demand function may be more reliable.
For each of these price series, I also had to create a at-rate tari as the comparison
point for calculating the transfers. To do so, I took the 636 customers as a distinct customer class and calculated the average rate that would exactly cover the cost of acquiring
wholesale power for this customer class.

Calculation of Transfers
For each of the customers in the dataset, I then calculated their total power bill just
their cost of energy, excluding transmission, distribution, taxes, and any other fees that
would be unaected by this change under the alternatives that they paid the at rate
for all of their power and they paid the wholesale real-time price for all of their power.
This yields a distribution of gains and losses across the 636 customers, which is shown
in the top part of table 7 for the two simulated price series. Though the simulated prices
with a demand elasticity of -0.025 are much more volatile, the resulting transfers are only
noticably larger at the upper tail. In both cases, there could be substantial winners and
losers, with the worst o percentile of the distribution possibly facing bill increases of more
than 53% if there were no price response.
It is worth noting that the median of these customers pays more under RTP again,
before accounting for any price response because the largest electricity users tend to have
atter loads and thus to be winners from the switch to RTP. Since the quantity-weighted
23

TABLE 7: Changes in Electricity Bills Due to RTP


SAMPLE OF 636 LARGE CUSTOMERS
January 2002 through December 2004
Simulated Demand
Simulated Demand
Elasticity = -0.1
Elasticity = -0.025
(peak price=$1161) (peak price=$11,447)
CHANGE FROM FLAT-RATE TO RTP PRICING
Percentile
1%
-15%
5%
-9%
25%
-1%
50%
4%
75%
9%
95%
18%
99%
28%

-14%
-11%
-2%
4%
10%
19%
53%

CHANGE FROM TIME-OF-USE TO RTP PRICING


Percentile
1%
-7%
5%
-4%
25%
-1%
50%
0%
75%
1%
95%
5%
99%
13%

-13%
-7%
-2%
0%
2%
8%
34%

revenues are unchanged, by construction, the fact that the biggest customers are winners
means that there are more customers that are losers than winners.
The transfers shown in the less-elastic demand column in the top of table 7 suggest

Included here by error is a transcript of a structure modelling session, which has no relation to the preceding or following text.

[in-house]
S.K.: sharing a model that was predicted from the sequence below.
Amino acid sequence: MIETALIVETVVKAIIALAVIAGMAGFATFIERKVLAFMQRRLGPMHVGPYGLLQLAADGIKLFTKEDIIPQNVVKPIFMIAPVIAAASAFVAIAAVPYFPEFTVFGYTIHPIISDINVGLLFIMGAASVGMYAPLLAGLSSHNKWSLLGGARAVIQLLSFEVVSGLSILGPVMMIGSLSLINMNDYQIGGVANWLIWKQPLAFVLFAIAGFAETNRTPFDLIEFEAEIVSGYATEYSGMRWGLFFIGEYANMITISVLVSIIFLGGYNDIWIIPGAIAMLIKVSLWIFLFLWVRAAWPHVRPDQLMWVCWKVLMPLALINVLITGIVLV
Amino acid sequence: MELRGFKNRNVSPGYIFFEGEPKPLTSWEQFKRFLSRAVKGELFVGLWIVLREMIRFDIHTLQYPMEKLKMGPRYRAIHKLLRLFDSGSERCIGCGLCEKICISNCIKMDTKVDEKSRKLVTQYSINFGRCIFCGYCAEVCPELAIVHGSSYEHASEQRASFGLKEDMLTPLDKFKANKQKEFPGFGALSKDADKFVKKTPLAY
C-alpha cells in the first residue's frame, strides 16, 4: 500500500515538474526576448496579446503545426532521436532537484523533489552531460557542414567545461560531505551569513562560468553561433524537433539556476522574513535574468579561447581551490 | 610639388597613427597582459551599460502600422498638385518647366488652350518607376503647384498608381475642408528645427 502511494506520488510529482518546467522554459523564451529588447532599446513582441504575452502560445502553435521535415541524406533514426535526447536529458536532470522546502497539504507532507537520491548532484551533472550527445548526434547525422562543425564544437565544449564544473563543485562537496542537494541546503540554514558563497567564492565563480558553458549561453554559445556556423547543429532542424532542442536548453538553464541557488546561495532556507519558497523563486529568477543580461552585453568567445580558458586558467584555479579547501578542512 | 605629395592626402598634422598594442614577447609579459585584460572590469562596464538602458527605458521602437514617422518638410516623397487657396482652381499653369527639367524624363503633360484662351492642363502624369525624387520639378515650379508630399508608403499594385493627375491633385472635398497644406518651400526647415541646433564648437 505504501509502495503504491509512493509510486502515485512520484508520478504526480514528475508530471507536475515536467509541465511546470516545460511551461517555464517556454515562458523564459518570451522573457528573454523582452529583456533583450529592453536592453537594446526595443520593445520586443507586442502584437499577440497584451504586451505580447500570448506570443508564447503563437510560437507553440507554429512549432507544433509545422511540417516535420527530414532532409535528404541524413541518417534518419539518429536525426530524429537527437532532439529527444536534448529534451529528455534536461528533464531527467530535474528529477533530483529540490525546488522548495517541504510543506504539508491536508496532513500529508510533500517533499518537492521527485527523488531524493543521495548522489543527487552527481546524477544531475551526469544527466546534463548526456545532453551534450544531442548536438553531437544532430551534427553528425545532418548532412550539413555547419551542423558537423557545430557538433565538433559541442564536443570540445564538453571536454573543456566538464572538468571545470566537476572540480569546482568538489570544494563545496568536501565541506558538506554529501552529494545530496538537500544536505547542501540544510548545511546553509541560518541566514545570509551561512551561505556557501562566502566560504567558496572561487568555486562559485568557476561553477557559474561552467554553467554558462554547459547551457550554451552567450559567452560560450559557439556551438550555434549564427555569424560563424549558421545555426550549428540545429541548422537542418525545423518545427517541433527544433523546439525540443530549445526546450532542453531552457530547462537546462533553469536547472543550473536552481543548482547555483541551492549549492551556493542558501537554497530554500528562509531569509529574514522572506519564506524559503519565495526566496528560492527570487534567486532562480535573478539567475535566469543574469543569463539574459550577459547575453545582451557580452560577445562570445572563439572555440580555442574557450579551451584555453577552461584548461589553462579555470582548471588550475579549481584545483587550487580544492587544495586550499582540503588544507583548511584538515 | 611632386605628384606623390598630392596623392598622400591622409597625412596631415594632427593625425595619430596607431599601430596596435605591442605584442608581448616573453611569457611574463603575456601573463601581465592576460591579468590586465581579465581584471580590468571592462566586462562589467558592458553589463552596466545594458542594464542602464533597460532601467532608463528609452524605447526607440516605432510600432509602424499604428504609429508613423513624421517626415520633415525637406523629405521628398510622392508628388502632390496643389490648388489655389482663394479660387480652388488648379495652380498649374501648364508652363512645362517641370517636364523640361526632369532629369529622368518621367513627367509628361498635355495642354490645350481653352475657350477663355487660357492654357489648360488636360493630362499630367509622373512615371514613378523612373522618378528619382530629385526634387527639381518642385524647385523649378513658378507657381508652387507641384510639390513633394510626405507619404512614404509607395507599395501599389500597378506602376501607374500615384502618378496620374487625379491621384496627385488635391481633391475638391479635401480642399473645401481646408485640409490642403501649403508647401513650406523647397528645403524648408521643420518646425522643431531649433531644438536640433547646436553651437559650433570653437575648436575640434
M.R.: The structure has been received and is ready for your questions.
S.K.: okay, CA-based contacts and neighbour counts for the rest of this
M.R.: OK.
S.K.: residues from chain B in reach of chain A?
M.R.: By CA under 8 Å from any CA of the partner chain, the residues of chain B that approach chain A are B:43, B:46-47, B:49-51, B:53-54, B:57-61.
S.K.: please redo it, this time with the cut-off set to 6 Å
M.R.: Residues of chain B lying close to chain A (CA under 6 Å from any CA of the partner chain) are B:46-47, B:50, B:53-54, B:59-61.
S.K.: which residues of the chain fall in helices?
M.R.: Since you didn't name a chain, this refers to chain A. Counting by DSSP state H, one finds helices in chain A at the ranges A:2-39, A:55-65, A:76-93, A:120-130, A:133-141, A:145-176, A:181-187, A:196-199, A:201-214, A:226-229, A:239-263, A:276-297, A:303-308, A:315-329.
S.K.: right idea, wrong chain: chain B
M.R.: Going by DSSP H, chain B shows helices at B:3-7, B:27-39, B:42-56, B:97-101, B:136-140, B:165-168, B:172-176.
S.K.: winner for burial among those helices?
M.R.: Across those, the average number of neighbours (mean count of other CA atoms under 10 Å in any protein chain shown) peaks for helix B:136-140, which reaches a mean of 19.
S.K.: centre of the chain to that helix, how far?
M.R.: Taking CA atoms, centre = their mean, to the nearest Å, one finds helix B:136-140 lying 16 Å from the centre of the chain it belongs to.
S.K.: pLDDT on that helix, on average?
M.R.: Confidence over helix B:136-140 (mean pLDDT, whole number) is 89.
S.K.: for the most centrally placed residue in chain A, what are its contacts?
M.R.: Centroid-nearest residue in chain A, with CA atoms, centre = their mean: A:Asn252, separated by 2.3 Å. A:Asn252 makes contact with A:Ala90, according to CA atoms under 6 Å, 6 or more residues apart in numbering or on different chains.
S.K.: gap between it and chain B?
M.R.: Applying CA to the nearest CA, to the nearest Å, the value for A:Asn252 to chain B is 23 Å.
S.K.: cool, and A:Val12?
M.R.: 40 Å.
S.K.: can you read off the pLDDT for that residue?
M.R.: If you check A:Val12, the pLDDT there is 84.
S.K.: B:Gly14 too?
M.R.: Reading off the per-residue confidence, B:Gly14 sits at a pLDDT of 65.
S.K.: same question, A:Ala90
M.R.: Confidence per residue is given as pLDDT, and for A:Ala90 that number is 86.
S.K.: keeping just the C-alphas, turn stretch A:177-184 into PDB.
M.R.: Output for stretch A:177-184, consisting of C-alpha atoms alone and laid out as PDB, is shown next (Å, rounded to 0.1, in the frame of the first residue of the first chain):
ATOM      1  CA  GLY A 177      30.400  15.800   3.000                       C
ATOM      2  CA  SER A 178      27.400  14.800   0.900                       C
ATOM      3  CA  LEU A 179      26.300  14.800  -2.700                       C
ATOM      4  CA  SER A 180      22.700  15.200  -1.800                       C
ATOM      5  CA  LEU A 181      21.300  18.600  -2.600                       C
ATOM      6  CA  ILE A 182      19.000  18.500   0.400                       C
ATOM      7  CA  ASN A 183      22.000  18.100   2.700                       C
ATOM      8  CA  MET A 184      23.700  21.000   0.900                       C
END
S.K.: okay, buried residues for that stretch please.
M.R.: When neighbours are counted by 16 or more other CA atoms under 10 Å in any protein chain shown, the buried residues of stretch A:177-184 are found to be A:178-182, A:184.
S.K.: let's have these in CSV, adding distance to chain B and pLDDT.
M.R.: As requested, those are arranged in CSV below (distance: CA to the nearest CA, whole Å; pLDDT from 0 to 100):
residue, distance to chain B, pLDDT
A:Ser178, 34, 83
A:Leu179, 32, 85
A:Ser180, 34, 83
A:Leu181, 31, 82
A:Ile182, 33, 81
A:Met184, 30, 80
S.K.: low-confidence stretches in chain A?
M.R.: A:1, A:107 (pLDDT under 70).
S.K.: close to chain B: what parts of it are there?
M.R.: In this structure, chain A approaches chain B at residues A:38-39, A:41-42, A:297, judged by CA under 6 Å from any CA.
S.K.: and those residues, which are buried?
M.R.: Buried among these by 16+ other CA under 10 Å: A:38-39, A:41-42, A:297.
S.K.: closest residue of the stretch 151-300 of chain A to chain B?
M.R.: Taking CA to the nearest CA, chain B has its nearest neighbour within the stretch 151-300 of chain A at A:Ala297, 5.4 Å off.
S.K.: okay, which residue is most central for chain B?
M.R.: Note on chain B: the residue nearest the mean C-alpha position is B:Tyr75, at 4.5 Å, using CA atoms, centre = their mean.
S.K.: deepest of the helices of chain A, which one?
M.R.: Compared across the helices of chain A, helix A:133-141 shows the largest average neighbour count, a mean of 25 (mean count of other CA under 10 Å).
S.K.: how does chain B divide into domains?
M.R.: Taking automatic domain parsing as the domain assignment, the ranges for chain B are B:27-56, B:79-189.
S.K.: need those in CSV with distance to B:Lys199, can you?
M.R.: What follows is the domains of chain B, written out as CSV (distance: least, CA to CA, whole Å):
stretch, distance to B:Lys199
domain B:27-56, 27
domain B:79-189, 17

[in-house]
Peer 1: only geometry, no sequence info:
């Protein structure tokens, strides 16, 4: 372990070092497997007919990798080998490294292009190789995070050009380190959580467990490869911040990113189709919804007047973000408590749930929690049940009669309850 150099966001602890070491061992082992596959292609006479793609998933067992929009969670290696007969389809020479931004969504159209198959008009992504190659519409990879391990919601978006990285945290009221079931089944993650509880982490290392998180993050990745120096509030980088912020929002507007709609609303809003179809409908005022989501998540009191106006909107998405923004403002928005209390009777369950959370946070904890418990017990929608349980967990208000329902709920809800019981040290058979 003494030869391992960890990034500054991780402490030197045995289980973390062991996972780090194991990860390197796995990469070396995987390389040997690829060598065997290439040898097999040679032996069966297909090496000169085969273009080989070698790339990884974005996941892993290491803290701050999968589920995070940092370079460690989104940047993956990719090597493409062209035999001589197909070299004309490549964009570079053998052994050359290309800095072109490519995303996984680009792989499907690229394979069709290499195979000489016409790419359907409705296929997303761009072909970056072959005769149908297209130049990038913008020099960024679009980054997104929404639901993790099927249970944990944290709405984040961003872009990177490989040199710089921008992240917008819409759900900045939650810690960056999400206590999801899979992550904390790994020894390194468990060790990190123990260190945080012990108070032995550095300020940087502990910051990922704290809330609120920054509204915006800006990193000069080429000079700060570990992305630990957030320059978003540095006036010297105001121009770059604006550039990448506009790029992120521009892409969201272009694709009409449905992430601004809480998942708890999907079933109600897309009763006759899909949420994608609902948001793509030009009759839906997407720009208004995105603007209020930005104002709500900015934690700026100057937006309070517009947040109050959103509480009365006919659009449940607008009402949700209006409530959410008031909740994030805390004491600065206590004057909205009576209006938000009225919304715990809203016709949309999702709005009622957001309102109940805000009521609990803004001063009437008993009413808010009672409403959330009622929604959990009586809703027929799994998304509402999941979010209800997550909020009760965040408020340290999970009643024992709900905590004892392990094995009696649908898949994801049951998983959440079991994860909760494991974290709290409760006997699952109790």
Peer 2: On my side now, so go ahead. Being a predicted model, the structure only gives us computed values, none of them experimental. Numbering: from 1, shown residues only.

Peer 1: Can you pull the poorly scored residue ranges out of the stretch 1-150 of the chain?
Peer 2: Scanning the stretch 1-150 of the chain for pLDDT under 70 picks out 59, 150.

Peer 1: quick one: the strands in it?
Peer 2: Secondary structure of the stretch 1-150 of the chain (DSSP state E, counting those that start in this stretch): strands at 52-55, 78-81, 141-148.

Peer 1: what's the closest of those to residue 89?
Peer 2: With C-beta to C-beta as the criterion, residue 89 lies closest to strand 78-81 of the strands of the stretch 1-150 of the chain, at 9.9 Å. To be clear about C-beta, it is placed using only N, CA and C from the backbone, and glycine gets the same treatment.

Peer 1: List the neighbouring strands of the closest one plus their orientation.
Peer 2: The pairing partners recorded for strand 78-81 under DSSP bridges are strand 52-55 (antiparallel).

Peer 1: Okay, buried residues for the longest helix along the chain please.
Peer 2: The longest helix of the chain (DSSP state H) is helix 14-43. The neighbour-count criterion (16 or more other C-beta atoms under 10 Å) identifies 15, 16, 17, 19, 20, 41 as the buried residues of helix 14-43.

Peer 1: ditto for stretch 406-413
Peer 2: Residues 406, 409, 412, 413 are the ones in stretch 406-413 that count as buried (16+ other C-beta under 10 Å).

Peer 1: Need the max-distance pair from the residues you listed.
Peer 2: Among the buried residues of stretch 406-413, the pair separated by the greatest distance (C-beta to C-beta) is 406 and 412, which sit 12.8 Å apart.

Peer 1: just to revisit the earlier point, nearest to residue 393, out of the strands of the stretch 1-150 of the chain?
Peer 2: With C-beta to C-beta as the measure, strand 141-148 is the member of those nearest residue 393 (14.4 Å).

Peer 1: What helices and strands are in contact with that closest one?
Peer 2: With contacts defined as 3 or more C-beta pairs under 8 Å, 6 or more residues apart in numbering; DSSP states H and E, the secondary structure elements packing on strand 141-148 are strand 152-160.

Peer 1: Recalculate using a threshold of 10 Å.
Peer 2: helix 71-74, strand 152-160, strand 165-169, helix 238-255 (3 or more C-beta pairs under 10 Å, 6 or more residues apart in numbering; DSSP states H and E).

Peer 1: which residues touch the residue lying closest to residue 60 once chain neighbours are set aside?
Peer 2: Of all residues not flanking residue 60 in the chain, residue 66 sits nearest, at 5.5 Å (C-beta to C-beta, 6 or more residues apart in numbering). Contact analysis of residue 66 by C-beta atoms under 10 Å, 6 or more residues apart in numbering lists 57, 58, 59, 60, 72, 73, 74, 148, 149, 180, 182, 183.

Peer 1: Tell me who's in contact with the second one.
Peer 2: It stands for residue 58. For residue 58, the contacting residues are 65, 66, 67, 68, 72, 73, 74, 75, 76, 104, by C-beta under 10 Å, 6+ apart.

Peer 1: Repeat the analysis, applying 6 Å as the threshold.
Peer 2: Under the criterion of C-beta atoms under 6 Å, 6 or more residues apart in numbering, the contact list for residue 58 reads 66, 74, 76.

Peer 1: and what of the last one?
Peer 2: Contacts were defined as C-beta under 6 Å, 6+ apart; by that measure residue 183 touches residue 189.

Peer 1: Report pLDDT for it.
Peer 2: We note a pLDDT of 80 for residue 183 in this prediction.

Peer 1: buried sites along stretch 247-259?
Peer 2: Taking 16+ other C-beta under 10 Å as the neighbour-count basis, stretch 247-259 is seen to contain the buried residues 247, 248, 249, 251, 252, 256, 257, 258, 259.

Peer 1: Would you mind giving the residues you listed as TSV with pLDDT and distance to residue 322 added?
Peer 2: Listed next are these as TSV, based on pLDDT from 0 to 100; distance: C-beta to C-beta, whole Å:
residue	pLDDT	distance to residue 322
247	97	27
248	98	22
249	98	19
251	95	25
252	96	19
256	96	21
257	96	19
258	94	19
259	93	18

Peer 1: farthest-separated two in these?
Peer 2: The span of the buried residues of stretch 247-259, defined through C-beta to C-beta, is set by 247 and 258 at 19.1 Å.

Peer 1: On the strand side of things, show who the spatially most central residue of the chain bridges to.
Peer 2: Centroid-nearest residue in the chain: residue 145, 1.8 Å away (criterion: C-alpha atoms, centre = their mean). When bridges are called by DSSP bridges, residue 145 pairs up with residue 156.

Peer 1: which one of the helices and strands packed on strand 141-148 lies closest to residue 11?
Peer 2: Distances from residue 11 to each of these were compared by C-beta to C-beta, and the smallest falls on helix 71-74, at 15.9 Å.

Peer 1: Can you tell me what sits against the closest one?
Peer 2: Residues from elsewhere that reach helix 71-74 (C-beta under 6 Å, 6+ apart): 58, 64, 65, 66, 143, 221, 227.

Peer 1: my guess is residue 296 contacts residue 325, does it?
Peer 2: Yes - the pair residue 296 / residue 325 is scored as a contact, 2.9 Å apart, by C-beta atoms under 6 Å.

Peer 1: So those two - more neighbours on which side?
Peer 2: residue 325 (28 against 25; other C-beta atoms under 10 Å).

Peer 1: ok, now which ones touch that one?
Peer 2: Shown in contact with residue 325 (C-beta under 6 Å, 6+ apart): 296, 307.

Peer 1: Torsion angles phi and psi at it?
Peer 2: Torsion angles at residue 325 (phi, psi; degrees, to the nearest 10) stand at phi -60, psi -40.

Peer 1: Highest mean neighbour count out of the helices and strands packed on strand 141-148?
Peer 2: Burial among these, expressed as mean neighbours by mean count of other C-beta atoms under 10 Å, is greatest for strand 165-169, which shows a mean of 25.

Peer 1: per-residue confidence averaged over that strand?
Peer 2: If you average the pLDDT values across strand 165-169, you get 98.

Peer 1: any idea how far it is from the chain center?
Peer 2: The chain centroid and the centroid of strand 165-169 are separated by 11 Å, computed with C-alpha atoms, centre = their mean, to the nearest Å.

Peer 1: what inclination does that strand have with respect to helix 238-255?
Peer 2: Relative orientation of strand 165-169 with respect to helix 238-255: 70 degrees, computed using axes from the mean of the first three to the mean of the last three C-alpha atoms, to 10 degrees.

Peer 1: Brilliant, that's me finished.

that there could be substantial opposition, with one-quarter of the customers seeing their
bills rise by 10% or more. Even continuing to ignore the price-dampening eect of RTP,
however, the actual bill changes are likely to be much small than that.
The reason is that all of these large customers are already on TOU rates. So, from a
political economy viewpoint, the relevant change is from TOU to RTP. I used the TOU time
periods explained earlier (3 periods in summer, 2 in winter) to calculate break-even TOU
rates for this customer class of 636 customers, given the two dierent assumed demand
elasticities. Then, I did the comparable calculation of the change in each customers bill
from moving to RTP from this constructed TOU rate. The results are shown in the lower
part of table 7. Looking at the even less-elastic demand price columns, it is clear that
the magnitude of potential transfers is considerably smaller than from at rates. Put
dierently, most of these transfers already occured when TOU rates were implemented
decades ago. Taking the sum of the absolute values of gains and losses from the change
to RTP, with the very inelastic demand assumption, the transfers caused by moving from
TOU to RTP are only 24% of the total transfers caused by moving from at rate to RTP.
Assuming a -0.1 demand elasticity drops the share of transfers caused by moving from
TOU to RTP to only 16% of the total transfers caused by moving from at rate to RTP.

VII. How Hedgable is RTP Price Risk?


A second area of concern one frequently hears about RTP is the possible volatility of
costs to the end-use customer. The concern is often expressed as the cost the customer
would face for electricity consumed during an hour in which prices hit an extreme spike,
such as $10,000/MWh. Two factors should reduce these concerns. First, customers would
care about volatility of their payments, which are typically on a monthly or longer cycle,
not the volatility of their hourly incurred liability. Second, in most RTP implementations,
there is some opportunity for the customer to buy xed-quantity, xed-price contracts to
24

cover some of their demand, and then pay/receive the real-time price for deviations from
the contracted quantity. In this section, I address the question of how much bill volatility
is caused by RTP and how much hedging might reduce that volatility.
The issue of bill volatility from RTP should also be considered in the context of